Review of the Eudora 7.1 Email Program

Eudora is a classic, powerful, flexible and efficient email client that cans spam precisely, too, and shows nary a weakness. However, leveraging the statistical spam filter to organize good mail would be a nice addition. Some of Eudora's best features (the spam filter and fast search) are only available in the paid version.

  • Eudora filters spam effectively and quickly alerts you about deceptive URLs in phishing emails.

  • Fast index search finds any email fast in Eudora (Windows only).

  • Eudora is rock-solid and rich in powerful features for efficient email use.

  • Eudora does not offer smart folders (though you can save search criteria).

  • It would be nice if Eudora could use its Bayesian filtering engine to classify mail automatically.

  • Eudora's remote content privacy protection could be improved.


  • Eudora handles multiple POP and IMAP accounts.
  • Powerful filters, labels and a flexible template system for replies help you handle email in Eudora.
  • Eudora includes fast email search, and the "Content Concentrator" trims quoted text.
  • Integrated "SpamWatch" Bayesian spam filtering cans junk precisely and with little effort in Eudora.
  • Eudora's "ScamWatch" alerts you about suspicious links in phishing emails.
  • Another feature dubbed "BossWatch" helps you avoid sending mail to bosses or clients inadvertently.
  • You can read and send richly formatted HTML emails, but Eudora has solid plain text features, too.
  • Eudora Sharing Protocol can automatically synchronize files and folders via email.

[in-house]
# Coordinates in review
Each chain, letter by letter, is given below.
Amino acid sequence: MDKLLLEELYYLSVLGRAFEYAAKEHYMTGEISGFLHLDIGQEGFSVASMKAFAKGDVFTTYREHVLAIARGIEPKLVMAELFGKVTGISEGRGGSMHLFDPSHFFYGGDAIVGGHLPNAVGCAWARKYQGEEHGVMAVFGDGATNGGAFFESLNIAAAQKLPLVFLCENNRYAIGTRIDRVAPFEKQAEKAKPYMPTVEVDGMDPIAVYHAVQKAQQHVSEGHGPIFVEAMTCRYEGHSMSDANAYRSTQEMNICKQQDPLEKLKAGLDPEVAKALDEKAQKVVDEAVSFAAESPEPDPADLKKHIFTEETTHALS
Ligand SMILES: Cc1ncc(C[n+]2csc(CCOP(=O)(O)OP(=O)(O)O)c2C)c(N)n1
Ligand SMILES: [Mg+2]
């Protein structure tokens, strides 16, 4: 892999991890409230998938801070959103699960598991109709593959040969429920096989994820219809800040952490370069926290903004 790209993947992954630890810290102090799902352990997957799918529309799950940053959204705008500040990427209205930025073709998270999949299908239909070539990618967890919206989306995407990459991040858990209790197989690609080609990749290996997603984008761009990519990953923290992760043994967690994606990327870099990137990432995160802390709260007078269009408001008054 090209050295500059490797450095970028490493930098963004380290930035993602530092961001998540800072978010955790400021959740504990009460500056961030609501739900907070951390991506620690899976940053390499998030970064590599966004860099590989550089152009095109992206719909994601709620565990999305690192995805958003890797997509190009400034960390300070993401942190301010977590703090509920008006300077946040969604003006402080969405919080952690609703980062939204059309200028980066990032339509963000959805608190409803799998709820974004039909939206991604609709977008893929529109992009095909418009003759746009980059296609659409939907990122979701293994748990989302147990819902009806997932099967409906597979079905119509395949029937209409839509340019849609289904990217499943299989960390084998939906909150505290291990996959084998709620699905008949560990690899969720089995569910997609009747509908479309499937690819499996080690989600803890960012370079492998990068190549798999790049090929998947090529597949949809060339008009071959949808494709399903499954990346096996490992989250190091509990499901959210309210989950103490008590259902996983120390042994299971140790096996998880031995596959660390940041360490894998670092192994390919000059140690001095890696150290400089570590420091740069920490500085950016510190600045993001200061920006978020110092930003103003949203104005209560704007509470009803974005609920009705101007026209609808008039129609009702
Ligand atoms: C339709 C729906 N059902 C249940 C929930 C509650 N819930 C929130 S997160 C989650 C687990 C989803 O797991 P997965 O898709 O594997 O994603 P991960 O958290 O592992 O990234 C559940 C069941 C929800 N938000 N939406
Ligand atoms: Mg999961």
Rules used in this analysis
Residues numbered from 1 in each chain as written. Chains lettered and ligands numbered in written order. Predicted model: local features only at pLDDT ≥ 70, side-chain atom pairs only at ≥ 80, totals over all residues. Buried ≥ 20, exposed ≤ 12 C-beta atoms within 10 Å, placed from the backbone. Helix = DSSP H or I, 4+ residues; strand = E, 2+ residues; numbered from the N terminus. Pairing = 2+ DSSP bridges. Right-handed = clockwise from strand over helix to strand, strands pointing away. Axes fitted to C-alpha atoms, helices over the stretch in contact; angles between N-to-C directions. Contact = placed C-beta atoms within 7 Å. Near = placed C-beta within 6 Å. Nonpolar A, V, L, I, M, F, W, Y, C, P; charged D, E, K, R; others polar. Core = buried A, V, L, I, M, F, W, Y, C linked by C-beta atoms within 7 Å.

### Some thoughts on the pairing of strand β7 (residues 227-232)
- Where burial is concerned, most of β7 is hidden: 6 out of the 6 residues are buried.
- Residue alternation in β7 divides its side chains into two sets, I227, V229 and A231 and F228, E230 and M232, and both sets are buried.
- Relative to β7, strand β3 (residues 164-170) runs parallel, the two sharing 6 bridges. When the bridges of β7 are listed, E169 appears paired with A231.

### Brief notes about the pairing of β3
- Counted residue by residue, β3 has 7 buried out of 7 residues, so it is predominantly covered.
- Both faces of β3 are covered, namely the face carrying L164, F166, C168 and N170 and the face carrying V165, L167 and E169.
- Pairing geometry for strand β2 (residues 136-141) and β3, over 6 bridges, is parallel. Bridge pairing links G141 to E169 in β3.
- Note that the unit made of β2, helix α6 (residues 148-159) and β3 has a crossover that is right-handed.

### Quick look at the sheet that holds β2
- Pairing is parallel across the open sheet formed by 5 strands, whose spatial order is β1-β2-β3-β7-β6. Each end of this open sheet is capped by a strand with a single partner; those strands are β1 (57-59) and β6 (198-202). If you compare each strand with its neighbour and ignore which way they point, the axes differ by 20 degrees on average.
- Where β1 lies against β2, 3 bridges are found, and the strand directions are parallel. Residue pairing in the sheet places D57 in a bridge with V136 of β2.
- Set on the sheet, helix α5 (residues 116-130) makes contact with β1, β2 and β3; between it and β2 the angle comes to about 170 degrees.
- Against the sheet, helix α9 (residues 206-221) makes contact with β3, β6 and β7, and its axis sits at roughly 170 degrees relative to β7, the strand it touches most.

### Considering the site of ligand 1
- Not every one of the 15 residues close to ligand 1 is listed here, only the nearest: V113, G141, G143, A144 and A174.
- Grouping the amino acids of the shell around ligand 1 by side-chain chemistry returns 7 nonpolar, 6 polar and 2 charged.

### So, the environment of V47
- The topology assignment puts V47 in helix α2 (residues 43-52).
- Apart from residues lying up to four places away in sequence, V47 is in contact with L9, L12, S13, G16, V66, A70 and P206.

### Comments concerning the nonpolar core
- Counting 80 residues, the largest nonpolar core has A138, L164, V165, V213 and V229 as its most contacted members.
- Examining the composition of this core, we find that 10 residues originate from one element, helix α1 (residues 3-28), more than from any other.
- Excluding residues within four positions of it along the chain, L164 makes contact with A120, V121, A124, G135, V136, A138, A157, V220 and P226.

• Eudora gimmicks include usage statistics, offensive vocabulary alert, contextual filing, graphical smileys.
  • Eudora supports Windows 98/ME/2000/3/XP/Vista and Mac OS X.


Mail Program on Computer Screen

Eudora is a wonderful email client. Over the years, the makers of Eudora have found efficient and elegant solutions to just about all email problems as they have surfaced. Eudora also has solutions for problems you probably do not have (like "MoodWatch," the amusing indicator of aggressive vocabulary), but for the most part, Eudora is a flexible, fast and easy to use an email program.

Eudora lets you read and write emails in style, of course. Eudora's message rules are versatile, and it's easy to eliminate spam using the precise Bayesian filter, dubbed "SpamWatch." "ScamWatch" looks for spoofed URLs in phishing emails that want to trick you into handing sensitive data to criminals. ScamWatch fares pretty well but does not catch all fraud attempts, so it still pays to be alert.

The same applies to "BossWatch" which alerts you when you're about to send mail to certain domains. Finding mail is solved elegantly and fast with an X1 index search.

While you can block Eudora from loading remote content in emails automatically, more flexible controls would be excellent. Eudora comes with a flexible template system for canned replies, the "Eudora Sharing Protocol" (ESP) is very easy to use, albeit proprietary, way to sync files automatically, and the content concentrator trims quoted text nicely.

It's a pity that Eudora doesn't come with integrated secure messaging, and it would be nice if Eudora could use its Bayesian engine to sort mail automatically.

  • Is Eudora still available?

    Although Eudora was discontinued in 2006, it was acquired by the Computer History Museum in 2018 and turned into an open-source program, which means anyone can download, study, or modify the source code. You can probably still find copies of it on the internet, but be careful who you download files from—they could contain malware or viruses.

  • What's the best Eudora email replacement?

    If you need a new email account, some of the best (and free!) options include Gmail and Yahoo. If you're looking for an email client that can handle multiple accounts, Outlook is a popular choice, especially for business users.

Was this page helpful?